Finally, the Q group was called and we stood in a ginormous line. And finally, it was my turn to approach the table. My earlier fears about him not living up to my expectations were squashed as he was so genuine and nice. He thanked me for waiting the whole time, as if it were more of an inconvenience to me than to him. I told him about Looking for Alaska and how much it meant to me, with the little voice I had left. I became kind of emotional right then as I realized I was actually talking to John Green. I doubt he remembers me, but I hope that he realized how much he impacted me. As I concluded, I grabbed the penny around my neck (a necklace I made in memorial of my mom, whose name was Penny), and said, "And by the way, they're not worthless." Mr. Green smiled and said, "I almost want to reconsider because you're so sweet. But I. . . I still think they're worthless." : )
I walked away from that library feeling so amazing. I looked down at my copy of Looking for Alaska and realized that before I had been bothered by being able to see my finger prints on the book cover. But now I realized that John Green's finger prints now mixed with mine on the cover of a book he wrote and I read. A book that was semi-biographical to him, and life changing for me. And like the marker that he signed my books with, the mark he's left on me is permanent.
The next morning, after about four hours of sleep, I woke up and prepared for a long day at school. I looked up at the sky that Tuesday morning and the stars were so clear. The air was crisp and the skies were so clear. I thought about those stars on the way to school and wondered how many of them that I could see were already burned out and if that news just hadn't reached earth yet. For some reason, this led me to think about books, and more specifically authors. Some authors' light burns out much quicker than others, but some authors' light continues to burn on for centuries. Shakespeare, Jane Austin, Poe, Homer, to name a few.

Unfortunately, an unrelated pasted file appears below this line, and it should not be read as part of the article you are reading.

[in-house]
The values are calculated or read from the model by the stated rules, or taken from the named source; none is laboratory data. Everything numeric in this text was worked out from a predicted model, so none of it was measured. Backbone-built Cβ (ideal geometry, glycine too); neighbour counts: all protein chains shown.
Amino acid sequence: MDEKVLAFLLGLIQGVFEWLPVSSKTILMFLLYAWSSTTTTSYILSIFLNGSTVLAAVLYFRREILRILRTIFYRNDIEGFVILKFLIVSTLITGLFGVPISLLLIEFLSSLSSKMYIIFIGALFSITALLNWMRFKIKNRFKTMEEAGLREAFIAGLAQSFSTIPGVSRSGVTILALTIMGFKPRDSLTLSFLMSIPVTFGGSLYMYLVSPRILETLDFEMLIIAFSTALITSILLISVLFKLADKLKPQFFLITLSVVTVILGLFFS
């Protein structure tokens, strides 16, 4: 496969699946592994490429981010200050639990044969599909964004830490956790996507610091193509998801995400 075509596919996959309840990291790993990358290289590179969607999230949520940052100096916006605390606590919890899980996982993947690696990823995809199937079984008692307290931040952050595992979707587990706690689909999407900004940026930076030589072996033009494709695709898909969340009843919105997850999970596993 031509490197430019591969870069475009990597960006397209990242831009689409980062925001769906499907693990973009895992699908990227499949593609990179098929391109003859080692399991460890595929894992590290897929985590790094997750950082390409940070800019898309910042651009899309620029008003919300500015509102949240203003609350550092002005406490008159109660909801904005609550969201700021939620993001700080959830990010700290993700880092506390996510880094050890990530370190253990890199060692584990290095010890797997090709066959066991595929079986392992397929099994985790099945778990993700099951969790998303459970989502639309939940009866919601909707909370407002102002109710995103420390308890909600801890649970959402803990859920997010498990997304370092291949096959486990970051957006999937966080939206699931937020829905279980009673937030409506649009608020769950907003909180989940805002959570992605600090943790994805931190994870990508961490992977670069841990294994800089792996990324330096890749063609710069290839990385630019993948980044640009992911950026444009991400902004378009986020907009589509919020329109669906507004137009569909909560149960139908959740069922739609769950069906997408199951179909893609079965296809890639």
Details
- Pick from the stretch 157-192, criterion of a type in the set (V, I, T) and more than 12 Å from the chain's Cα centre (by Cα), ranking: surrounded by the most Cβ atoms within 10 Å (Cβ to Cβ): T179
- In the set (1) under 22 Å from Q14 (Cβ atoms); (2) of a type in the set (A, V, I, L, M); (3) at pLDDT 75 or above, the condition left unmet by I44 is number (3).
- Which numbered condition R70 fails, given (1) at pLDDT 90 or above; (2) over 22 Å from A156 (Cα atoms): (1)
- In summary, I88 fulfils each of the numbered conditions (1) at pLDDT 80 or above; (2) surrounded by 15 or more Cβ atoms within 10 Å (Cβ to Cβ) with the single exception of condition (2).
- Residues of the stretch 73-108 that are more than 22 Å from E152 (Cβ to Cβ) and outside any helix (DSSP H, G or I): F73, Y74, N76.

Writing is something much bigger than I'd ever imagined. Meeting John Green and seeing the insane amount of people that showed up out of love and respect for him showed me that. When I sit here at my laptop and write whatever I happen to be working on, it doesn't feel like I'm ever going to make a difference to someone. Writers don't write with the mindset that they're writing it for an audience. Writers, in my opinion, write first and foremost for themselves. And I think that's what makes books so personal. An author wrote it to do something for them and we can often relate to individuals who have experienced pain. If a book were written strictly for an audience, I feel that we could not as easily related - we need to feel it was written for US, not EVERYONE.
Mr. Green, when asked what advice he'd give to writers, compared being a writer to being an elephant. He said that he couldn't tell someone how to be an elephant, because he doesn't know how to be an elephant, he just is. He's not a better elephant than any other elephant. He made me realize that I always want to be an elephant. So many authors have impacted my life, John Green just happens to rank high on that list. I want to be able to return that favor and if something I write touches just one person the way so many have touched me, I'll be completely happy.
Thank you, John Green.